WLANDistanceBasedMethods(Pathloss‐BasedPositioning)................................................60 

8.5 

SummaryonWLANSystems...................................................................................................................64 



RadioFrequencyIdentification......................................................................................................65 
9.1 

ActiveRFID.....................................................................................................................................................66 

9.2 

PassiveRFID..................................................................................................................................................66 

9.3 

SummaryonRFIDSystems......................................................................................................................67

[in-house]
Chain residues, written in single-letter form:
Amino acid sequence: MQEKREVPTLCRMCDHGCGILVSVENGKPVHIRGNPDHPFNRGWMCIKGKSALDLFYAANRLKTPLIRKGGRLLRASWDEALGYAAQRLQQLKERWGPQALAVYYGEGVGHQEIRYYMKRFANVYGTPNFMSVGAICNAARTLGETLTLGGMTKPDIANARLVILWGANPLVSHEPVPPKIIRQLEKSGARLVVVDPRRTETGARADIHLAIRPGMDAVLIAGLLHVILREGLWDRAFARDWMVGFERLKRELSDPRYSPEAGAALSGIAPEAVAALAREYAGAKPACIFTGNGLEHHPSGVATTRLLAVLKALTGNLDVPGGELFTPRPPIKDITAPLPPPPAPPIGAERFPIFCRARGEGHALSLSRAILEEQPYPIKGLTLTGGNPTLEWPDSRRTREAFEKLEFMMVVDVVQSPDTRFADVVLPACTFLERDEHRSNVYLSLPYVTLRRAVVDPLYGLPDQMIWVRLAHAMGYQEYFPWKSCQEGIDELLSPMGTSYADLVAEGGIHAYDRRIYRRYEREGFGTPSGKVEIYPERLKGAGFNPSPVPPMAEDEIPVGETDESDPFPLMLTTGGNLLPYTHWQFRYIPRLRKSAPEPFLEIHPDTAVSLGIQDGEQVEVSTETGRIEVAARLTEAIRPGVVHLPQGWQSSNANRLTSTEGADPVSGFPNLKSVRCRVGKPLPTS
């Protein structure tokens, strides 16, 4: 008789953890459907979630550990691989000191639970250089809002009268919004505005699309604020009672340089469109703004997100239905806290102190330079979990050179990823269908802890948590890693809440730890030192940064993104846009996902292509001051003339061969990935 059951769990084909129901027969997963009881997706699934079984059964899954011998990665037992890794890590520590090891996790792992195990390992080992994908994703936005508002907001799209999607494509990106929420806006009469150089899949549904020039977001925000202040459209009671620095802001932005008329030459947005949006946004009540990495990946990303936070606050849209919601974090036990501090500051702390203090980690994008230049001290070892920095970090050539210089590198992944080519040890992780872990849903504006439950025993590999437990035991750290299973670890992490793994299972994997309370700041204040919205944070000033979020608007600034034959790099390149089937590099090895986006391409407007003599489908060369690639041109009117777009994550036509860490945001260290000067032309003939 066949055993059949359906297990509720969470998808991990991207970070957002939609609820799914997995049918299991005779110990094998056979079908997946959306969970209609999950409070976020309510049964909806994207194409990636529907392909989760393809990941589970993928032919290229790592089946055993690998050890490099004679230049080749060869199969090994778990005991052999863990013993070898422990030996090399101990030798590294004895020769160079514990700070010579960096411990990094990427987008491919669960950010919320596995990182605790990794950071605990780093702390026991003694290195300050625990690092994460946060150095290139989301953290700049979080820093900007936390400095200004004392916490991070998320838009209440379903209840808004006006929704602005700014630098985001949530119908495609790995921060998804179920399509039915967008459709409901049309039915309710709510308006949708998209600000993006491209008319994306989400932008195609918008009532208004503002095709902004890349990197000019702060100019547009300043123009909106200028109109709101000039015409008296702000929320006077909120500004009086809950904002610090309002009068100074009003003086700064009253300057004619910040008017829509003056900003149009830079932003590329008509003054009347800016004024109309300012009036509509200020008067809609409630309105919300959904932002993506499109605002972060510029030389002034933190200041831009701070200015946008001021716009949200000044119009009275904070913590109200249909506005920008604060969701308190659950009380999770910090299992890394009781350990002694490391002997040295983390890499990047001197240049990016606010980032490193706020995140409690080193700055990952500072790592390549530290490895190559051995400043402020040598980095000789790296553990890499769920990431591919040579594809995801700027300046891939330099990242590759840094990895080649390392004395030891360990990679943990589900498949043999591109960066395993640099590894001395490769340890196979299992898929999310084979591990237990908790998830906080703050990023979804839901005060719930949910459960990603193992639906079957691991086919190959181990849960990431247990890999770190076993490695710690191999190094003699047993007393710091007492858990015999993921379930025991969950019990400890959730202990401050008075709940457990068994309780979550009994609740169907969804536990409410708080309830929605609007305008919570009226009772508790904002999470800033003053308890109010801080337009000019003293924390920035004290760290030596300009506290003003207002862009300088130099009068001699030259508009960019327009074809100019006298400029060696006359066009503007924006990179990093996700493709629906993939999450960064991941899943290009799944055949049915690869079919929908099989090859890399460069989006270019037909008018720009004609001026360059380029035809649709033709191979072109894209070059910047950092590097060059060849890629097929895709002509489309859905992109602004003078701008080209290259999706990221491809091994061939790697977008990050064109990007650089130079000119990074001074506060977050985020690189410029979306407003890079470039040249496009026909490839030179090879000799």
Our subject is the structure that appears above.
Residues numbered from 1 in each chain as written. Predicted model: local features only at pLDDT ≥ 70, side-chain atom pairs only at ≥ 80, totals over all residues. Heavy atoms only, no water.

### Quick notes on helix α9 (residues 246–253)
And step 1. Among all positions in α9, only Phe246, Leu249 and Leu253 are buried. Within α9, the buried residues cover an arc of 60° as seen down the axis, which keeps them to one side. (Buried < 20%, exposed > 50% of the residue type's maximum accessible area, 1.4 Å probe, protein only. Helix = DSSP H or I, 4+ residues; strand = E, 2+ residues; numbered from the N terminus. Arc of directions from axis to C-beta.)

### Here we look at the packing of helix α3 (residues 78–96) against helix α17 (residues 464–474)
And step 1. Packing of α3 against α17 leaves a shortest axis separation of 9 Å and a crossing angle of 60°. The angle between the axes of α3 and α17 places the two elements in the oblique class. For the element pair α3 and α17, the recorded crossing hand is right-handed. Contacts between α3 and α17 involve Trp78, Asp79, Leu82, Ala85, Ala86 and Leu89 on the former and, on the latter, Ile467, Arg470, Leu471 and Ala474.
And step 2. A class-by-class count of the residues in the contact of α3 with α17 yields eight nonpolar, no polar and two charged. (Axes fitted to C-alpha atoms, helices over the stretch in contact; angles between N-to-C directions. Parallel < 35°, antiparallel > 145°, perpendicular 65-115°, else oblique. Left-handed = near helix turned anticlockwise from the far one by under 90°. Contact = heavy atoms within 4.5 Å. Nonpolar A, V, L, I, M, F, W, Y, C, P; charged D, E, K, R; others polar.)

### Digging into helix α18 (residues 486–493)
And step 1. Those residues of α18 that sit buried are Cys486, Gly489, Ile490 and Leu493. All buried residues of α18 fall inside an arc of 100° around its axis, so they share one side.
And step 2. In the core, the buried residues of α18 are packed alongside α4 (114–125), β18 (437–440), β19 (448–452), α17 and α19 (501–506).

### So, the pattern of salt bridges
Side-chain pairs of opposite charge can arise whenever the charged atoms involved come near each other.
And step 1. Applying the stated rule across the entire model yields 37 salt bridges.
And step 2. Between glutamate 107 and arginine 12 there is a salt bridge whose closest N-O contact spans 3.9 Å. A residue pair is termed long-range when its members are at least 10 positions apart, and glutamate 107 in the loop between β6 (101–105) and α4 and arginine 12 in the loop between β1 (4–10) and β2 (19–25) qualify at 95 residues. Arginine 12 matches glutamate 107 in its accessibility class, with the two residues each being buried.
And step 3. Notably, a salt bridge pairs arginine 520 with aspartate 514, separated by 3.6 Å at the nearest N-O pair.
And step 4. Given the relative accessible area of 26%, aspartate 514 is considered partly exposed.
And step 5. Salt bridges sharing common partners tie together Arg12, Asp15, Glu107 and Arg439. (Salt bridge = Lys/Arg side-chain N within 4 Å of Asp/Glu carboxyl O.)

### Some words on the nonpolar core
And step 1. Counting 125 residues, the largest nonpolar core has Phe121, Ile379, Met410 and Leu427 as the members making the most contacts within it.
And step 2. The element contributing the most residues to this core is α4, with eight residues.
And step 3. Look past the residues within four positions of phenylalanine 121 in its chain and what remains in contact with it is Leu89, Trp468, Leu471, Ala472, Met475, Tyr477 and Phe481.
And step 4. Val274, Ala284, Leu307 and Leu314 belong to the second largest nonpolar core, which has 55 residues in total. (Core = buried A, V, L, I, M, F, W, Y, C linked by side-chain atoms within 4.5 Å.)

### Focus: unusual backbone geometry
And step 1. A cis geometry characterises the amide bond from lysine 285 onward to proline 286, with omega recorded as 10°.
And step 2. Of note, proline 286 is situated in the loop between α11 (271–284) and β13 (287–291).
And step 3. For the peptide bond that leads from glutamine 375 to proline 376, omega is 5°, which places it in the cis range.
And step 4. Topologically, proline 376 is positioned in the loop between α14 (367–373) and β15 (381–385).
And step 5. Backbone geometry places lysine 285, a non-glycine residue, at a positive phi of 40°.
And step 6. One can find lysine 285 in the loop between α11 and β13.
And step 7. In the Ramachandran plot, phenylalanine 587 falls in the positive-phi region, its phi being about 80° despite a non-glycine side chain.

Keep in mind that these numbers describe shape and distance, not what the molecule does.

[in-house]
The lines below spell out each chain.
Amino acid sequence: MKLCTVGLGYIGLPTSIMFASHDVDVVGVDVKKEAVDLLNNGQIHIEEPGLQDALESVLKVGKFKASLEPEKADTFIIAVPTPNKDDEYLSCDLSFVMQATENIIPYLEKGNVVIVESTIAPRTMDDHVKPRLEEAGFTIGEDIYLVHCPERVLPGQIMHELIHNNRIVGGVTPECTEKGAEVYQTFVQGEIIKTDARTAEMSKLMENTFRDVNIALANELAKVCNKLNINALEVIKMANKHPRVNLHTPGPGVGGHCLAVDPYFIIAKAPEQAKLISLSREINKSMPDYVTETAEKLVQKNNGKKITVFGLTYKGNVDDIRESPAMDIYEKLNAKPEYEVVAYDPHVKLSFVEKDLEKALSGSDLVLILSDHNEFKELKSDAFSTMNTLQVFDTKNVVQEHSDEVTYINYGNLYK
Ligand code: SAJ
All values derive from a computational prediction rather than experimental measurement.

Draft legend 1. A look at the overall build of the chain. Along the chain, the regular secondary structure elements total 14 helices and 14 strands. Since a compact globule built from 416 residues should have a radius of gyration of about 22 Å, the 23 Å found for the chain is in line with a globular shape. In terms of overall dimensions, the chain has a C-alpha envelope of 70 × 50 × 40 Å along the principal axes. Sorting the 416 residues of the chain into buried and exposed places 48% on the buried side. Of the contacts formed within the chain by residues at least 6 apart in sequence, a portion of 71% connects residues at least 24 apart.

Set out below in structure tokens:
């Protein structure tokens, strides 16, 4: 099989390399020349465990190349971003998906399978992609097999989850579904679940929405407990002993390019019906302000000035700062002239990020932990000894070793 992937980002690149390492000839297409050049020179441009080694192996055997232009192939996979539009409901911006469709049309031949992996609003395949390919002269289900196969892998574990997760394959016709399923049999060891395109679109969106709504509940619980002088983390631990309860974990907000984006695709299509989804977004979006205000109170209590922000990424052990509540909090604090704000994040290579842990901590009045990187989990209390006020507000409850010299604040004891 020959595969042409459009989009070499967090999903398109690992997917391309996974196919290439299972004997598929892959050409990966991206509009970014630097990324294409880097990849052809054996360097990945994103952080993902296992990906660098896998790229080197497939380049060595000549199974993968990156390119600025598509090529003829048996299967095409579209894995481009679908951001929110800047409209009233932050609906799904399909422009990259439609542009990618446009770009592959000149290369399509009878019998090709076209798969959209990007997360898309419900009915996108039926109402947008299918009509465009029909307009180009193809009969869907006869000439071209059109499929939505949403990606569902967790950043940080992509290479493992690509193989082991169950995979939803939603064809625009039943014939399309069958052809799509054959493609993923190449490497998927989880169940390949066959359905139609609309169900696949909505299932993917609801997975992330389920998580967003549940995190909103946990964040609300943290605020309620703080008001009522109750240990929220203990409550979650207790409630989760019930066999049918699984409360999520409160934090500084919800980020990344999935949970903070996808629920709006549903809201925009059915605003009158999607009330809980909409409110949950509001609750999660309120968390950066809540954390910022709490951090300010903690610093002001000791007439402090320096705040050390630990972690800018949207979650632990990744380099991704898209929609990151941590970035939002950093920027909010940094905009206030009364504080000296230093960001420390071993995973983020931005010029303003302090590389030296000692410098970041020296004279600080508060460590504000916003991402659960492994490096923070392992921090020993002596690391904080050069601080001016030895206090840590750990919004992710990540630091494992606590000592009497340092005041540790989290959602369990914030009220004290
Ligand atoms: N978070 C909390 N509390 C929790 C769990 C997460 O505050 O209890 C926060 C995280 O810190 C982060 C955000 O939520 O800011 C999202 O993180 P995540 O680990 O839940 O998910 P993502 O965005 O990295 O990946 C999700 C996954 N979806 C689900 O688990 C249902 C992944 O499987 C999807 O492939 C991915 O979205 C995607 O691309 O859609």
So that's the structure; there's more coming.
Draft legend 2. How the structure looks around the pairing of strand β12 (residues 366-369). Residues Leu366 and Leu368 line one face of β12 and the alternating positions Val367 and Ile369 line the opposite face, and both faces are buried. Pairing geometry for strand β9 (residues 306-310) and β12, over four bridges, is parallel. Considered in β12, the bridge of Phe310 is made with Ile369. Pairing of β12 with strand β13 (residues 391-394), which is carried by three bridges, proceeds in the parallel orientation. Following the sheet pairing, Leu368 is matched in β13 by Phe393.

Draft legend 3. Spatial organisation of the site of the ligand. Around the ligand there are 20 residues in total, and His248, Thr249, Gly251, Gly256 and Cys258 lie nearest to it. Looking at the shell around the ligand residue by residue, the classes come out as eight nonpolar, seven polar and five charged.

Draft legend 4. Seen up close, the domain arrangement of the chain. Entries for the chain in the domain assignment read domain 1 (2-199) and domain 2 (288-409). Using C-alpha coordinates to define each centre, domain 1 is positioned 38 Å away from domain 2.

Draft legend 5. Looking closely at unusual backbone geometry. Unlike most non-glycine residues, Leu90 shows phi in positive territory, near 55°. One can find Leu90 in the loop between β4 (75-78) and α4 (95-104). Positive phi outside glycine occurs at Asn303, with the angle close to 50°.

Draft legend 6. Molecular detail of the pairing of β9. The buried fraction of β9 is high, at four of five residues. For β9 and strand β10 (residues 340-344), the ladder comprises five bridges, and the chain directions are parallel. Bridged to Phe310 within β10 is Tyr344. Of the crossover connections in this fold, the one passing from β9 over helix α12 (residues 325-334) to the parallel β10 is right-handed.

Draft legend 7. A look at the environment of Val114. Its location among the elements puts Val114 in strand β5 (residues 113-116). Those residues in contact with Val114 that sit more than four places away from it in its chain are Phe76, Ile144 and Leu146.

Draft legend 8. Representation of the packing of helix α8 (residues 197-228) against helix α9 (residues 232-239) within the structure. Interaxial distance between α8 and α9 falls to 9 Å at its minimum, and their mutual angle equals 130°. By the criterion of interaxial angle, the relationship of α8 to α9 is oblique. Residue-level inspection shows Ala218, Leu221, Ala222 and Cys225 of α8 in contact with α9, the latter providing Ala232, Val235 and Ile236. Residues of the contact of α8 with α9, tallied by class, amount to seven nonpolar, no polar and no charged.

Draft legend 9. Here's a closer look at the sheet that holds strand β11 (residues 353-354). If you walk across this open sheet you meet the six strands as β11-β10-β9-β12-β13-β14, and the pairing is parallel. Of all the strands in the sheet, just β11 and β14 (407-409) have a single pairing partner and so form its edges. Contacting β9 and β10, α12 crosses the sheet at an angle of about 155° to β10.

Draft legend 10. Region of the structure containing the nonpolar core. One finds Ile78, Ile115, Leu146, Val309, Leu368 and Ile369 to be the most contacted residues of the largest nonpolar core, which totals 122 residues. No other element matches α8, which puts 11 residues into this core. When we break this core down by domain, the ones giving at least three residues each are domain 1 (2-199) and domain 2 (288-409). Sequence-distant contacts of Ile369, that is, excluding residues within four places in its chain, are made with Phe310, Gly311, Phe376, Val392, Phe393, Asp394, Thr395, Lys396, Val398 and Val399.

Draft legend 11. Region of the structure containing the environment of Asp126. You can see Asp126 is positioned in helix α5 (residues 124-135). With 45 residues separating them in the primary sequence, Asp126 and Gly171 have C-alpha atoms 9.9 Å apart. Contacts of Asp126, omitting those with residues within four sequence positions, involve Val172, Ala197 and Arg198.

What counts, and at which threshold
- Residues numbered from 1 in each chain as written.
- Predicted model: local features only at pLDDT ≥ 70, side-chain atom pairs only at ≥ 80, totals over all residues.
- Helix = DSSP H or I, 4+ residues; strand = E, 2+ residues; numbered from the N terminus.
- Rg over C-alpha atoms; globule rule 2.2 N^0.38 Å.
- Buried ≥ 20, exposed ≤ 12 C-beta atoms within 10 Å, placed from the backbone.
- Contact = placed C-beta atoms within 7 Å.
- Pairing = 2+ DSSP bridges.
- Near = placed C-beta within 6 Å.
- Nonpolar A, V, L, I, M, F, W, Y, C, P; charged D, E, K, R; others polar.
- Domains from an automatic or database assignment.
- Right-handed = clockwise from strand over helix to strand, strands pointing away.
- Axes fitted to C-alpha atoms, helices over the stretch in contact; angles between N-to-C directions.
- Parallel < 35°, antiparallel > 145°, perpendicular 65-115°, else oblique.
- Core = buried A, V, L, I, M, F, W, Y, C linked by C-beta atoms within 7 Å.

10 

Ultra‐Wideband................................................................................................................................69 

10.1  RangeEstimationUsingUWB.................................................................................................................70 
10.2  MultipathMitigationUsingUWB..........................................................................................................71 
10.3  PositioningMethodsUsingUWB...........................................................................................................71 
10.4  CommercialUWBSystems.......................................................................................................................74 
10.5  SummaryonUltra‐WidebandSystems...............................................................................................74 
11 

HighSensitiveGNSS/AssistedGNSS........................................................................................75 

11.1  SignalAttenuation.......................................................................................................................................75